"On this, we have no room for justifications or doubt, because we know that there are thousands of victims of domestic violence in Estonia. I unequivocally condemn all types of family and close relationship violence. The police always takes all such cases very seriously, regardless of the person's position. The most important thing is for victims to receive help and be protected," Ratas said, noting that investigative bodies in Estonia have started criminal proceedings to investigate the allegations made against Marti Kuusik.
"In the situation that has emerged, it is not be possible for the government to start working substantively and fulfil its program. As a result, Minister of Foreign Trade and Information Technology Marti Kuusik today tendered his resignation. I forwarded it to the President of the Republic," the prime minister said.
Ratas told reporters Tuesday evening that he had met to discuss the matter with PPA chief Elmar Vaher, Prosecutor General Lavly Perling, Minister of Justice Raivo Aeg (Isamaa) and Interior Minister Mart Helme (EKRE), at his office, Postimees reports.
"The heads of the prosecutor's office and the police both offered an overview of what has happened. I am convinced that the police and the prosecutor's office are doing their work well, and I have definitely no right to comment on their work at the present stage of the proceedings," he said.
Kuusik may be due compensation
According to ERR's Estonian online news, Kuusik may be entitled to around €31,000 compensation, in line with Estonian law.
§ 35 (1) of the Government of the Republic Act 1995 provides for compentation for anyone dismissed from office, stating that:
''A member of the Government of the Republic who is released from office due to the resignation of the Government, the expression of no confidence in a minister or on the proposal of the Prime Minister has the right to receive compensation to the extent of six months' salary''.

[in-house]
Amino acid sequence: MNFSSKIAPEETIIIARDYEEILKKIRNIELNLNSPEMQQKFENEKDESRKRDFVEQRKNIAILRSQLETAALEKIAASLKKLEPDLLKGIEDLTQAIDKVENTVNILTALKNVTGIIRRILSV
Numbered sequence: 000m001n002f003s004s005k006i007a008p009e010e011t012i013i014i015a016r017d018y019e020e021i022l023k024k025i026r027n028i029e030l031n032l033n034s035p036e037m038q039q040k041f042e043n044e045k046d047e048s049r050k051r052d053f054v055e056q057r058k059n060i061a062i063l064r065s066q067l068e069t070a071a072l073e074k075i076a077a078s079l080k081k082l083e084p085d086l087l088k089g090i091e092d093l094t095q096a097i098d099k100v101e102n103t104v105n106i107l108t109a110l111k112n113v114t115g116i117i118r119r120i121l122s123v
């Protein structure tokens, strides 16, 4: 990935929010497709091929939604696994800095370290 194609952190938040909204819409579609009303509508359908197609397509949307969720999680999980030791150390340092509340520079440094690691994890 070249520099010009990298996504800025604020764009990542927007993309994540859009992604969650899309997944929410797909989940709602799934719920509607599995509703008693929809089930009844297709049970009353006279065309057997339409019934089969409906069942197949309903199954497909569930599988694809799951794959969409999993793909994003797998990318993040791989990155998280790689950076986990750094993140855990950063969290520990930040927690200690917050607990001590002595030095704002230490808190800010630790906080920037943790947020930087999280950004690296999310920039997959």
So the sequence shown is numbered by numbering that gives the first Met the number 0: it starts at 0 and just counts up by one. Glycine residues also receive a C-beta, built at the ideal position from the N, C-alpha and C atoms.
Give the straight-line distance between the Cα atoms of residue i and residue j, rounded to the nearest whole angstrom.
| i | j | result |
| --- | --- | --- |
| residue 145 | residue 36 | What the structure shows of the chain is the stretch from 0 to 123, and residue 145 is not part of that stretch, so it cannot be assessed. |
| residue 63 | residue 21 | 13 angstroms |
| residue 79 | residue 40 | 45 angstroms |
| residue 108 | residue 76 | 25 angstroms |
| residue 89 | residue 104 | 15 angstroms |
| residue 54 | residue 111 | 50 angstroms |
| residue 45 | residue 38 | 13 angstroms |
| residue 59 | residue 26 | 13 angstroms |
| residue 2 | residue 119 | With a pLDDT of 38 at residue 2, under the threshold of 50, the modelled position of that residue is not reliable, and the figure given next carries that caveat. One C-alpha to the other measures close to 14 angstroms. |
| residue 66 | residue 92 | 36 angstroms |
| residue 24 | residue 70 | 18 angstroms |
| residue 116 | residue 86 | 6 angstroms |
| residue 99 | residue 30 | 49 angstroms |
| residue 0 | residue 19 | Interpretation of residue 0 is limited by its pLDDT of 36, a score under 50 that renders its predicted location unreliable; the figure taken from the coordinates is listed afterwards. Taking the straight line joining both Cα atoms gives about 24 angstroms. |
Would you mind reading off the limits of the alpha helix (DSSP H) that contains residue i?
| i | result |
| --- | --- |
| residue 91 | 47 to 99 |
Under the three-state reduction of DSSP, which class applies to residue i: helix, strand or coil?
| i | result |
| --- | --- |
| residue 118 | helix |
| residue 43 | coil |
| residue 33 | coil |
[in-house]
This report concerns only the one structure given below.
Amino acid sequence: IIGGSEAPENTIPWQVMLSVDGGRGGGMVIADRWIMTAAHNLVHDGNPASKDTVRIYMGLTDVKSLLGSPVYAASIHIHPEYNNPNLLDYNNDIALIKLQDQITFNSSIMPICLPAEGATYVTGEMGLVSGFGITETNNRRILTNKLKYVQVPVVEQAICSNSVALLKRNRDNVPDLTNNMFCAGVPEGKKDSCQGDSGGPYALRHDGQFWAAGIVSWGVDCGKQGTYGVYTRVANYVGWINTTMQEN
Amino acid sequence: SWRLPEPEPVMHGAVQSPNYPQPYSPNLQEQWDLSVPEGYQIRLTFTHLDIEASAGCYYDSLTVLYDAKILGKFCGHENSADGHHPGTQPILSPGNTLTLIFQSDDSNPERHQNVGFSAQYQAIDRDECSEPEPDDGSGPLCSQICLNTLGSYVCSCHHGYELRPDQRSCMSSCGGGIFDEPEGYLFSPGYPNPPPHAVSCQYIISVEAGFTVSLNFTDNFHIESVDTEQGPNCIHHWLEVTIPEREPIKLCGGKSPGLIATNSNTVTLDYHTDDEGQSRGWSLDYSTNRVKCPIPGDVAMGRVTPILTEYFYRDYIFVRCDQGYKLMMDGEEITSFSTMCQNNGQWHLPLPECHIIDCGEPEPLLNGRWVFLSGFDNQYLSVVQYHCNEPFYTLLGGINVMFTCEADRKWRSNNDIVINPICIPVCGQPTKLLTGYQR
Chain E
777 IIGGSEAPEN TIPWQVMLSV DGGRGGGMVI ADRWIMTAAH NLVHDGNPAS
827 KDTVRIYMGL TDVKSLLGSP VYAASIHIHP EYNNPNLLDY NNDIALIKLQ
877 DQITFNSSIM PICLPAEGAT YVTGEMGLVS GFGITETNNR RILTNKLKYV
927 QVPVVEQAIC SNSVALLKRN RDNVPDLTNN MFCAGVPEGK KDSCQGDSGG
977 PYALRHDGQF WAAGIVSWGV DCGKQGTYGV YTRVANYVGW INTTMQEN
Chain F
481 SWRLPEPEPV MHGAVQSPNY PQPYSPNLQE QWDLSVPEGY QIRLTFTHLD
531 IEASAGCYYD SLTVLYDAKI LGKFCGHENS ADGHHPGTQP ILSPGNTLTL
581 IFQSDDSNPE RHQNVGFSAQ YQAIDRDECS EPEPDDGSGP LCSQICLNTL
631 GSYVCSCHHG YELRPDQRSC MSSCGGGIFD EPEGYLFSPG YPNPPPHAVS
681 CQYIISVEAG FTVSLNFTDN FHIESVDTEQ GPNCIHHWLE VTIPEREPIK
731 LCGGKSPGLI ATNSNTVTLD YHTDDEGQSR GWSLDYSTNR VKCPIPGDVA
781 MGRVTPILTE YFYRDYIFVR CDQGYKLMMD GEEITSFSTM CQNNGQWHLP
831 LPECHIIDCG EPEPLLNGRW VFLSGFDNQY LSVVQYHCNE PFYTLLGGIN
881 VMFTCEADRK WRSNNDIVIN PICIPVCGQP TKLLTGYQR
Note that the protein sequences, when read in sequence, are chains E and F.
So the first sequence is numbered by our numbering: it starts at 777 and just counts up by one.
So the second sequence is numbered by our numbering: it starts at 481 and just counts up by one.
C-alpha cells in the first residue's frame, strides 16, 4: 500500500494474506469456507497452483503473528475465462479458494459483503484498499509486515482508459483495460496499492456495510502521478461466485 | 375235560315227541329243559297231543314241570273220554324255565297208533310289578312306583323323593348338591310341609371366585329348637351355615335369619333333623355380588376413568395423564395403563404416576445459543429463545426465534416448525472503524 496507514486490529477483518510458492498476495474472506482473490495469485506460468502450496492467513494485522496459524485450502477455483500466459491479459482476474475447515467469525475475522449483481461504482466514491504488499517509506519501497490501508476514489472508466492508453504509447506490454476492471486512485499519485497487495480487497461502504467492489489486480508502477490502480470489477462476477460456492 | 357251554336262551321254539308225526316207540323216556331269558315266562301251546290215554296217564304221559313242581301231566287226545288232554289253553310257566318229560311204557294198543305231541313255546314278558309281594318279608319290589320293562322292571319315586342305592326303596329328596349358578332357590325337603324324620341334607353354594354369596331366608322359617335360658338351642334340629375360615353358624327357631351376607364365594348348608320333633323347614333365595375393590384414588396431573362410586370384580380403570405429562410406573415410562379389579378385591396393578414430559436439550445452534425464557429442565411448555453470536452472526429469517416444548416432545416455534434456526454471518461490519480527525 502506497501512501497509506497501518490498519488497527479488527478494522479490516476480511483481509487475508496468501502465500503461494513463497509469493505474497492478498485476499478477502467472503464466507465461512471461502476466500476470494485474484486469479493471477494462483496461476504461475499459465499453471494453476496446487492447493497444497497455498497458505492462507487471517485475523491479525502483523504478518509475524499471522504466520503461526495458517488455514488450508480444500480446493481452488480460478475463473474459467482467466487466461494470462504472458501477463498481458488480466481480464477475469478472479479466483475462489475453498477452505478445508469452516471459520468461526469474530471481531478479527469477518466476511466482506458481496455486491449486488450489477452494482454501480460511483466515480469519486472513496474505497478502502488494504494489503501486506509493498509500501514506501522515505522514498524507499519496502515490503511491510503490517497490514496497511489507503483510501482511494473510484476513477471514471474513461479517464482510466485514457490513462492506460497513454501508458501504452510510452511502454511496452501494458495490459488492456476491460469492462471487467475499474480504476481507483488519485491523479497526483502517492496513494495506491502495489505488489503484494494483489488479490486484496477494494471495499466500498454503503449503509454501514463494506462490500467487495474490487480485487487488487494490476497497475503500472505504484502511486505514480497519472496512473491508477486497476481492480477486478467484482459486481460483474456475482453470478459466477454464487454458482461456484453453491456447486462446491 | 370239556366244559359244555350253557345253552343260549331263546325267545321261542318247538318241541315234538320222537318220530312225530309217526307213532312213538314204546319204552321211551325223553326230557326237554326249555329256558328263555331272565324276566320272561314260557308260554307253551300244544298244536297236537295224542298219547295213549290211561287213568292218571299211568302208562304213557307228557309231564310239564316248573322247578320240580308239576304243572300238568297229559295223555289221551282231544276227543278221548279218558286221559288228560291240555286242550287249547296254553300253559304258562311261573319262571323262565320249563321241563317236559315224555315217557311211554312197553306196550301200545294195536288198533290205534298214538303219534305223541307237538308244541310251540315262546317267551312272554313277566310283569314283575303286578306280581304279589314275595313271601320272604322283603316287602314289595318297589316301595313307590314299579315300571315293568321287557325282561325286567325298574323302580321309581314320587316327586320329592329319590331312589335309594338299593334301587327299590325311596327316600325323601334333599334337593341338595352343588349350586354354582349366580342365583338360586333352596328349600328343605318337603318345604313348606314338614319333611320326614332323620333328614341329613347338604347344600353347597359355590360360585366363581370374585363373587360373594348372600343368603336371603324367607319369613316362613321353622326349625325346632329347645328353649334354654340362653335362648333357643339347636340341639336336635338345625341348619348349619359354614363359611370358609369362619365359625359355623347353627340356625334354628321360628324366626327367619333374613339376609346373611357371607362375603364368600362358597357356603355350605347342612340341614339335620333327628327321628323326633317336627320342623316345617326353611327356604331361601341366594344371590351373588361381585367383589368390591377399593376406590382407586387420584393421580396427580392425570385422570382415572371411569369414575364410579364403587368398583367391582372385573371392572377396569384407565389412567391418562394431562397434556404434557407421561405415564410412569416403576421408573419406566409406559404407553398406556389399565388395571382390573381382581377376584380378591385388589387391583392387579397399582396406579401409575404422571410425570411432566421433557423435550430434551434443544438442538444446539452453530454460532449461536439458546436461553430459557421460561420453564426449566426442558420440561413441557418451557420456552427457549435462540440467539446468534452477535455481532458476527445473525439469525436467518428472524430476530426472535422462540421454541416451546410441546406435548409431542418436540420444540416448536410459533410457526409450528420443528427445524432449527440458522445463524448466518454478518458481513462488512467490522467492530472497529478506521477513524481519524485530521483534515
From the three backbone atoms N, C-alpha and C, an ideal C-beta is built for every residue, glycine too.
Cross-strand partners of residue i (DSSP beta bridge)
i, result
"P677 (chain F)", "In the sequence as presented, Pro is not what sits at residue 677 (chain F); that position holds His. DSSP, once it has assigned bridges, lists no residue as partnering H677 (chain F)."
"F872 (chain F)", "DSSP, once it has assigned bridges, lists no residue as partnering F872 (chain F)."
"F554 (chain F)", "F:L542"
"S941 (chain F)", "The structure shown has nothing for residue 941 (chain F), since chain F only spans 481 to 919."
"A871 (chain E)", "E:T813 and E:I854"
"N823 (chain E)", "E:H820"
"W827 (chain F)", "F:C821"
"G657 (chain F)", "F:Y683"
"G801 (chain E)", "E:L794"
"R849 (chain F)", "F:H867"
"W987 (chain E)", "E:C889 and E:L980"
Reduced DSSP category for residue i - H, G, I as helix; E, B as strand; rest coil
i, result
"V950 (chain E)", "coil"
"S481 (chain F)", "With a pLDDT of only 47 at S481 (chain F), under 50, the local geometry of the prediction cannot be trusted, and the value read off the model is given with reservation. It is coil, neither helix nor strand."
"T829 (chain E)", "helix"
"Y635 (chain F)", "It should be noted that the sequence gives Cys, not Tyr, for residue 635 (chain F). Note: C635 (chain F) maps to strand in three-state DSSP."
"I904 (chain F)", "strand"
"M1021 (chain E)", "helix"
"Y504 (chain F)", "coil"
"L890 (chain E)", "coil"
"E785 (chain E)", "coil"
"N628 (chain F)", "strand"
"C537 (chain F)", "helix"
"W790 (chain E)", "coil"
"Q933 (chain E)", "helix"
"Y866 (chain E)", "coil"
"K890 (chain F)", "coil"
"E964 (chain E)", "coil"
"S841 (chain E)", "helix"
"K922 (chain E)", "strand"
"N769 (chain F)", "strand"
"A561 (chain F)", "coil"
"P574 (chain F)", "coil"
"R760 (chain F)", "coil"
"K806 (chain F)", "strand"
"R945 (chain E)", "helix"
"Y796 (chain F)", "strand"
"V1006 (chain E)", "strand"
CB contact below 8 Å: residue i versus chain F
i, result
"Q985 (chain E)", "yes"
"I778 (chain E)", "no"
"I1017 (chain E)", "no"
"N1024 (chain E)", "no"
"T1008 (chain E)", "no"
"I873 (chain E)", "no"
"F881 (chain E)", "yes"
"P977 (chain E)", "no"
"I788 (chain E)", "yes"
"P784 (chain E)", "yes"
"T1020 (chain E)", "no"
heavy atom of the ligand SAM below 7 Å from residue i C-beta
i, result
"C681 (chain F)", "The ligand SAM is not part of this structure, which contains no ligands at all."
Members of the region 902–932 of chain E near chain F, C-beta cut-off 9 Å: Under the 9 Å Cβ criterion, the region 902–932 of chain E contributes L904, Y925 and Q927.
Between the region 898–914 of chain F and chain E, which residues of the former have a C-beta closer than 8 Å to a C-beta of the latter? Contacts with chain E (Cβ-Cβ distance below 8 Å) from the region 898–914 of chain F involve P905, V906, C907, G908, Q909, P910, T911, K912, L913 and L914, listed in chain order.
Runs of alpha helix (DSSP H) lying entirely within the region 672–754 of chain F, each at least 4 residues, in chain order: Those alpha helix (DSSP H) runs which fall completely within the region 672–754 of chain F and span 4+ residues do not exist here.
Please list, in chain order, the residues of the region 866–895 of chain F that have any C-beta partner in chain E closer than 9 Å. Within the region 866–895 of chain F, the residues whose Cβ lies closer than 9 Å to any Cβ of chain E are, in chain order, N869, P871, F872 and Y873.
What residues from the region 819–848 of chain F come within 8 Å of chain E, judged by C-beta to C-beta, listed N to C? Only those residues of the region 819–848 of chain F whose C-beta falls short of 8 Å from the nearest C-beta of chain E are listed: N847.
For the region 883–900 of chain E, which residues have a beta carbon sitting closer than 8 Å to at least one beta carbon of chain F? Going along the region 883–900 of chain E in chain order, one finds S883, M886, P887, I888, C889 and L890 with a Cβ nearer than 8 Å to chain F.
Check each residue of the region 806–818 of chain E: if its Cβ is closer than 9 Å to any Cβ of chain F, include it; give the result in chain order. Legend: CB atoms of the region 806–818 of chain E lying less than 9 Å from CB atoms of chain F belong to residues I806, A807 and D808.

Since the minister's monthly wage amounts to €5,243.06, a six month pay packet would come to €31,458.36, to be precise.
This compensation is not applicable if the individual is subsequently appointed a member of the same government, or a successive administration (in the case of an entire government resigning), or in the case of a conviction, or if the individual returns to the Riigikogu.
Since Kuusik, who, under Estonia's d'Hondt system of proportional representation, was elected to the Riigikogu despite receiving 657 votes at the March 3 election, had a seat at parliament prior to being made a minister (government ministers do not sit at the Riigikogu), he would lose the potential compensation if he had to claim back his seat (now held by a replacement MP) or if the PPA investigation were to result in a conviction.
On the other hand, Riigikogu MPs have legal immunity which makes prosecuting them more involved. The office of the prosecutor is currently pursuing a request to have the immunity of Centre MP Kalev Kallo, related to corruption investigations. The Riigikogu itself decides whether to strip an MP of their immunity.
In a recent case, Martin Repinski of Centre, who stood down after 18 days in office at the beginning of Jüri Ratas' preceding cabinet, in late 2016, received over €3,000 in wages and holiday pay on standing down, following allegations about misleading consumers on cheese products a company of his was selling, though since he returned to his Riigikogu seat, no further compensation was forthcoming.
Editor: Andrew Whyte